shared meal

Gratitude, then, is inseparable from religion and is an aspect of justice. Eucharist is a word that literally means thanksgiving. One of the psalms exclaims, ‘Oh how can I repay the Lord for all his goodness to me? The cup of salvation I will raise, and I will call on the Lord’s name’ (psalm 115). Through religion, we raise the cup of salvation, we give ourselves to God, who gives himself to us. This reciprocal giving, on such a deep level, is itself a gift – the greatest of gifts.

St. Thomas Aquinas, who never seems to overlook anything, ever, points out (S.T., II, II, Q. 106:5) that gratitude isn’t always related to the material size of what we have been given. From our human benefactors, also, we have been given many things, large and small, on many levels, by many people. Yet, as St. Thomas comments, we are ‘sometimes under greater obligation to one who has given little, but with a large heart.’ What a beautiful thought. I think of the gift of a sea-shell given by a child with shining eyes. The gift of a smile from an adult with intellectual disabilities. The gift of trust given by a friend. These gifts are what help to make us human, and to make life liveable. As we study here the virtue of justice, we see that it reminds us to notice that the gift with a heavy weight, with a countable quantity, or with a vast size is not the only thing that make a gift valuable, and that obliges us to respond in kind. The intangible quality of the gift is perhaps what is most valuable to us. The gift of the heart, the gift of love, this is the greatest gift. To return it is one of the greatest of human acts. The virtue of justice helps us to live lives of gratitude, of reverence, of joy and of greatness.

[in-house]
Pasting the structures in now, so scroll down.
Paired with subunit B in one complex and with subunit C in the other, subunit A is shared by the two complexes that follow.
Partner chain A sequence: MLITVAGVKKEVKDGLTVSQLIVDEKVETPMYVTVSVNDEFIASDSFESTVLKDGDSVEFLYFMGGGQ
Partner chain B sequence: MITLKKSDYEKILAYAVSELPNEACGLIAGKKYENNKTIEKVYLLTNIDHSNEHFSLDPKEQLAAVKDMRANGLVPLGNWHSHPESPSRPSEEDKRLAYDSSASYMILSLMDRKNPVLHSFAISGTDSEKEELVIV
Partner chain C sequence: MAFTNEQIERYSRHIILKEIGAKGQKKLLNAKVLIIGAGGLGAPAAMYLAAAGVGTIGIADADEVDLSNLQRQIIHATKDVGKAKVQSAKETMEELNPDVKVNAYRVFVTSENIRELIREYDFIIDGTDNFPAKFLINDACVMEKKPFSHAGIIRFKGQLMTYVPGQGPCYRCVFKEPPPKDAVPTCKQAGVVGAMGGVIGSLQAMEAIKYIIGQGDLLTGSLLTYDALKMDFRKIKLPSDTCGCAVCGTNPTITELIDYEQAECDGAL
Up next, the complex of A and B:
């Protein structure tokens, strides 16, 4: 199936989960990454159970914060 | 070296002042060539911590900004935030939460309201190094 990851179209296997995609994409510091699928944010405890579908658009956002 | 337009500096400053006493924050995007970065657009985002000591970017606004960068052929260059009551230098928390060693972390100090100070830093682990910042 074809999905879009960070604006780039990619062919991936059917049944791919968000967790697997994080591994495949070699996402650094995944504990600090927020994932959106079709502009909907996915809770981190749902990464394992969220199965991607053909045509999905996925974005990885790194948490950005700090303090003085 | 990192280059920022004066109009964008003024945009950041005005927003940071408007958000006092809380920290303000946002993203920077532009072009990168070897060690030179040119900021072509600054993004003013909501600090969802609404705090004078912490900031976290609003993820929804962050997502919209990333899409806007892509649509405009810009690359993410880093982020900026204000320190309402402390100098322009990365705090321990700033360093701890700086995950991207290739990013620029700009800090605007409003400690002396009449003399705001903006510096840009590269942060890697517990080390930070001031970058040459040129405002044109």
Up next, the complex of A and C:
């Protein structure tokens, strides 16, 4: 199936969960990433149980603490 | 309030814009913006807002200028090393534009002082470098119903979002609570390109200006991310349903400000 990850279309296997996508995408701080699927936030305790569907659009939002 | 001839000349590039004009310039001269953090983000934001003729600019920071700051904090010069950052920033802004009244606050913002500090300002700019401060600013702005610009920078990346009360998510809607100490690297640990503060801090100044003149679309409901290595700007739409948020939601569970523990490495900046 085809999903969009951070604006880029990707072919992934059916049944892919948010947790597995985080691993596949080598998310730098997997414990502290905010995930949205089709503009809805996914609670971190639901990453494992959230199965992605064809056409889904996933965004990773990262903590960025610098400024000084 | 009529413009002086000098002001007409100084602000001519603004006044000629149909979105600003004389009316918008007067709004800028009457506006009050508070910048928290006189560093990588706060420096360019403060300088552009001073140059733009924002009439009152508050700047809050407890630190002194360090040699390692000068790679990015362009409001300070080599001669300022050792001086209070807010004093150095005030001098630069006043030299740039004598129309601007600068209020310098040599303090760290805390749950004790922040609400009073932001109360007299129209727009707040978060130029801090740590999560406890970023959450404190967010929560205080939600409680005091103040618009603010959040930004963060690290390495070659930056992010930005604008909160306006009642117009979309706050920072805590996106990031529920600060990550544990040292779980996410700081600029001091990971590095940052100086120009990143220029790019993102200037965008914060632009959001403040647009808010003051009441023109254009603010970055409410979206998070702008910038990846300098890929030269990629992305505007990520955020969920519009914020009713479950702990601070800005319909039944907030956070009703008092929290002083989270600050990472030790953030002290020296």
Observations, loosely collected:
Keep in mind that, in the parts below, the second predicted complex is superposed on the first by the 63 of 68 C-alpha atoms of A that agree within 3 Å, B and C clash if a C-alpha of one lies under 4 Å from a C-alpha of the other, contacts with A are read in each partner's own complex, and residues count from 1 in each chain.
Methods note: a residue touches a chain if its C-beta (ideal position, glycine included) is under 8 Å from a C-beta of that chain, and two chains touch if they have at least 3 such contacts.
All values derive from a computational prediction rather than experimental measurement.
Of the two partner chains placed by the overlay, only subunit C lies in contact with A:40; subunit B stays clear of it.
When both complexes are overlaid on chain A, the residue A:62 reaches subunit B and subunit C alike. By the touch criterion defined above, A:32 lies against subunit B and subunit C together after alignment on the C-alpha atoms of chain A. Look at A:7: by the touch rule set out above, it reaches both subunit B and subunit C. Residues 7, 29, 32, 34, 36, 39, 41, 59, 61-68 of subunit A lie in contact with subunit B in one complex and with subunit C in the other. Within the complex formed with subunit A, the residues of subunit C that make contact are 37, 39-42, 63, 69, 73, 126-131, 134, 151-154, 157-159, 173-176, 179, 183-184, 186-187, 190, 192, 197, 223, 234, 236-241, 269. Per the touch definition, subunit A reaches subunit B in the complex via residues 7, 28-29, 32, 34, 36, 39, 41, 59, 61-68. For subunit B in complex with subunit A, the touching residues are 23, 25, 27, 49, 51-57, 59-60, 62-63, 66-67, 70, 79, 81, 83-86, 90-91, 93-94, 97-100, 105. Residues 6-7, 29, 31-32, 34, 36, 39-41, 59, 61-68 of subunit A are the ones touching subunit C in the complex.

SJC.

Anyone wishing to make a further study may consult:

Josef Pieper, The Four Cardinal Virtues, University of Notre Dame Press, 1966.

St. Thomas Aquinas, Summa Theologica, II.II. Q. 58f.

The Catechism of the Catholic Church, no. 1803 – 1811.

Leave a comment

Filed under Daily Reflections

20 January: Inter-galactic Discoveries, XXI.

Leave a comment

Filed under Daily Reflections

30 November Jacopone da Todi 4 :Making our Way back to God.

labyrinth-640x309

Some of Jacopone’s poems work as a dialogue. This one is between a person who takes decisions carefully and develops relationships in a caring and responsible way, and his friend who is self-indulgent, living only for superficial pleasures and a worldly consumer way of life.

“O my brother, before death overtakes you

Come to terms, find your way back to God.”

“If I change my ways, brother,

What will become of these sons of mine?

Come, why not think on death, which awaits

Both father and son? Follow the path

That leads out of the labyrinth.”

“But I’ve become accustomed to being well dressed,

To a certain decorum. How can I suddenly change,

Become an object of people’s contempt,

Have them point to me as that poor idiot?

A baited hook looks good to a fish,

But once he has swallowed it

It gives him little pleasure.

Your arguments frighten me, brother;

You make me feel the wound of holy love.

The world will no longer deceive me.”

water-lake-wood-640x352

The bait is worldly pleasures and High Street glamour. The hook is a bite of conscience about living an aimless and unmerciful existence.

We realise, however, that we share our mysterious and beautiful lives with a great expanse of fellow mortals. They, too, have buried desires for integrity and kindness poured into their hearts by God. We can only learn how to be meaningful in our relationships, and to make love our purpose, by seeing the beauty of others more clearly.

 

Chris D.

October 2016.

Leave a comment

Filed under Daily Reflections, poetry